March 26

Evening Hike 6-7:30 p.m. Meet in the Juniper day use area for an evening hike. Group size limited to 30. Weather permitting; no pets, please. Reservations required. Deadline, March 24. Palo Duro Canyon State Park 11450 Park Rd. 5, 488.2227

Special Events March 12

Real Housewives of the Wild Frontier 2 p.m. Lecture presented by Dr. Evelyn Montgomery describes the lifestyle of frontier women on the Panhandle Plains. Sponsored in part by the Goodnight Lecture Series in conjunction with Women’s History Month. Panhandle Plains Historical Museum, Hazlewood Lecture Hall 2503 4th Ave., Canyon, 651.2244

March 15

World Famous Lipizzaner Stallions 7:30 p.m. Amarillo Civic Center Coliseum 401 S. Buchanan, 378.3096

March 16

World Famous Lipizzaner Stallions 7:30 p.m. Amarillo Civic Center Coliseum 401 S. Buchanan, 378.3096

March 18

America Supports You Texas presents “A Broadway Salute to the Troops” with the Amarillo Symphony 7 p.m. Globe-News Center for the Performing Arts 500 S. Buchanan, 378.3096

March 19

America Supports You Texas presents “A Broadway Salute to the Troops” with the Amarillo Symphony 7 p.m. Globe-News Center for the Performing Arts 500 S. Buchanan, 378.3096

March 25

Amarillo’s Largest Garage Sale 11 a.m.-5 p.m. Amarillo Civic Center North and South Exhibit Halls 401 S. Buchanan, 378.3096

March 26

Amarillo’s Largest Garage Sale 9 a.m.-4 p.m. Amarillo Civic Center North and South Exhibit Halls 401 S. Buchanan, 378.3096 Amarillo’s Largest Baby Shower 10 a.m.-5 p.m. Amarillo Civic Center Grand Plaza 401 S. Buchanan, 378.3096

Sports & Recreation March 4

Lady Buffs Softball Invitational vs. Washburn University 11 a.m. Sports Complex, Canyon, 651.4400 Lady Buffs Softball Invitational vs. Eastern New Mexico University 4 p.m. Sports Complex, Canyon, 651.4400 Buffs Baseball vs. Cameron University 6 p.m. Sports Complex, Canyon, 651.4400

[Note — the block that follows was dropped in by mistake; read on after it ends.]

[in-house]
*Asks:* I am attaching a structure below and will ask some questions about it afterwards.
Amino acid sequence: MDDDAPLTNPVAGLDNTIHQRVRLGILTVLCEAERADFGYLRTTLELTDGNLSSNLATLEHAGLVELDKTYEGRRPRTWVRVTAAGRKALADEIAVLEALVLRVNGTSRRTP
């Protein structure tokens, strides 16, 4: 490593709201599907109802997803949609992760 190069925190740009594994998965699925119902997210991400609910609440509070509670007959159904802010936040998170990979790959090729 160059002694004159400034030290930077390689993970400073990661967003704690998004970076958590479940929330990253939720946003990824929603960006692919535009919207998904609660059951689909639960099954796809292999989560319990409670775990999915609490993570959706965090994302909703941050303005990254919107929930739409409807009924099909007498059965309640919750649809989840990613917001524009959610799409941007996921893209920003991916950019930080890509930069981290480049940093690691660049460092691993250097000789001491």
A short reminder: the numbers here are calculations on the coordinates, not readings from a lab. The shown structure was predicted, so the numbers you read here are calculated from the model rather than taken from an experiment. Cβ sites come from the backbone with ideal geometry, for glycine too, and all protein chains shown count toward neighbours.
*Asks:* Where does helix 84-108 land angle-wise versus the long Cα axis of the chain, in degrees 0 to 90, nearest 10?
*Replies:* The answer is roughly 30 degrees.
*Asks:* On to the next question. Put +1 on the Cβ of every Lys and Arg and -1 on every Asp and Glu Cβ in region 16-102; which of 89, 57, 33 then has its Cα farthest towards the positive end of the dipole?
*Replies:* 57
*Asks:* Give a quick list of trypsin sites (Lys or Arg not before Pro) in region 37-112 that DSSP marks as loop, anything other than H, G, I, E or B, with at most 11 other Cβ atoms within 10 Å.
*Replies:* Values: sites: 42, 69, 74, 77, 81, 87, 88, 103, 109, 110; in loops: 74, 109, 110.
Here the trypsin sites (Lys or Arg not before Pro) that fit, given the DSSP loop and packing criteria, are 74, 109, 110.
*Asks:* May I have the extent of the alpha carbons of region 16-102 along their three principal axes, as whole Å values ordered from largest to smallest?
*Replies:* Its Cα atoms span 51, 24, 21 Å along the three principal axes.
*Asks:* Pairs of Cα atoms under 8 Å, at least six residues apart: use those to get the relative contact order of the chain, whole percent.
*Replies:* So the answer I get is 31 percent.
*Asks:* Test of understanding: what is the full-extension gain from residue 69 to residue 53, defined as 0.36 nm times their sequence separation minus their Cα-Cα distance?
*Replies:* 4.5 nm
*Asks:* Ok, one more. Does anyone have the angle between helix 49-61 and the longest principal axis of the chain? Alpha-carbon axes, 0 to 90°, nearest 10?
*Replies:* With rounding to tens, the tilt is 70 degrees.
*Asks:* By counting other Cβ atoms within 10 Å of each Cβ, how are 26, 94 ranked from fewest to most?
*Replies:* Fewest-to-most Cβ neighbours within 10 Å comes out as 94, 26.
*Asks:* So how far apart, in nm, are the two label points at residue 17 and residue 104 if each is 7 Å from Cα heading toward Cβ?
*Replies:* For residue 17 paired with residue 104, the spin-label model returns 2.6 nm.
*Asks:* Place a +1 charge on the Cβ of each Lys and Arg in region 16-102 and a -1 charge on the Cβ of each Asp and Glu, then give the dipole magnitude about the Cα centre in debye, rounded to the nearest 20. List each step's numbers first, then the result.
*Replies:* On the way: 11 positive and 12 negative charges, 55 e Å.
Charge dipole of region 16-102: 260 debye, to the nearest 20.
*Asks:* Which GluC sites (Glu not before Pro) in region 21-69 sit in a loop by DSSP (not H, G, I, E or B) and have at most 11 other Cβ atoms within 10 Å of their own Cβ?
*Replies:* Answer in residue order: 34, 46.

March 5

Buff’s Baseball vs. Cameron University 1 p.m. Sports Complex, Canyon, 651.4400 Lady Buffs Softball Invitational vs. Washburn University 1:30 p.m. Sports Complex, Canyon, 651.4400 Lady Buffs Softball Invitational vs. Eastern New Mexico University 4 p.m. Sports Complex, Canyon, 651.4400 Kicker Arena Cross 7:30 p.m. Presented by Cycle City Promotions. Amarillo National Center 3301 SE 10th Ave., 376.7767

Remodel Gives Kitchen More Space


ob and Jackie Shuman had a goal for their kitchen remodel: To get the most room from a small area in their Amarillo home. The Shumans say that Big State Remodeling met the challenge with great ideas and craftsmanship. “We are very satisfied with the whole job,” says Jackie. “Steve (Buckner) came up with the idea of moving the dishwasher to the other side of the room and that gave me space to make my existing cabinets larger. I have two lazy-susan cabinets.”

we were trying to get the most room out of it.” The couple selected Big State to do the work after they looked at examples in Big State’s showroom. “Steve was nice and helpful,” Jackie said. “They also completed the remodel two weeks early. The crew was very good, very nice and very careful not to traipse dirt though the house.”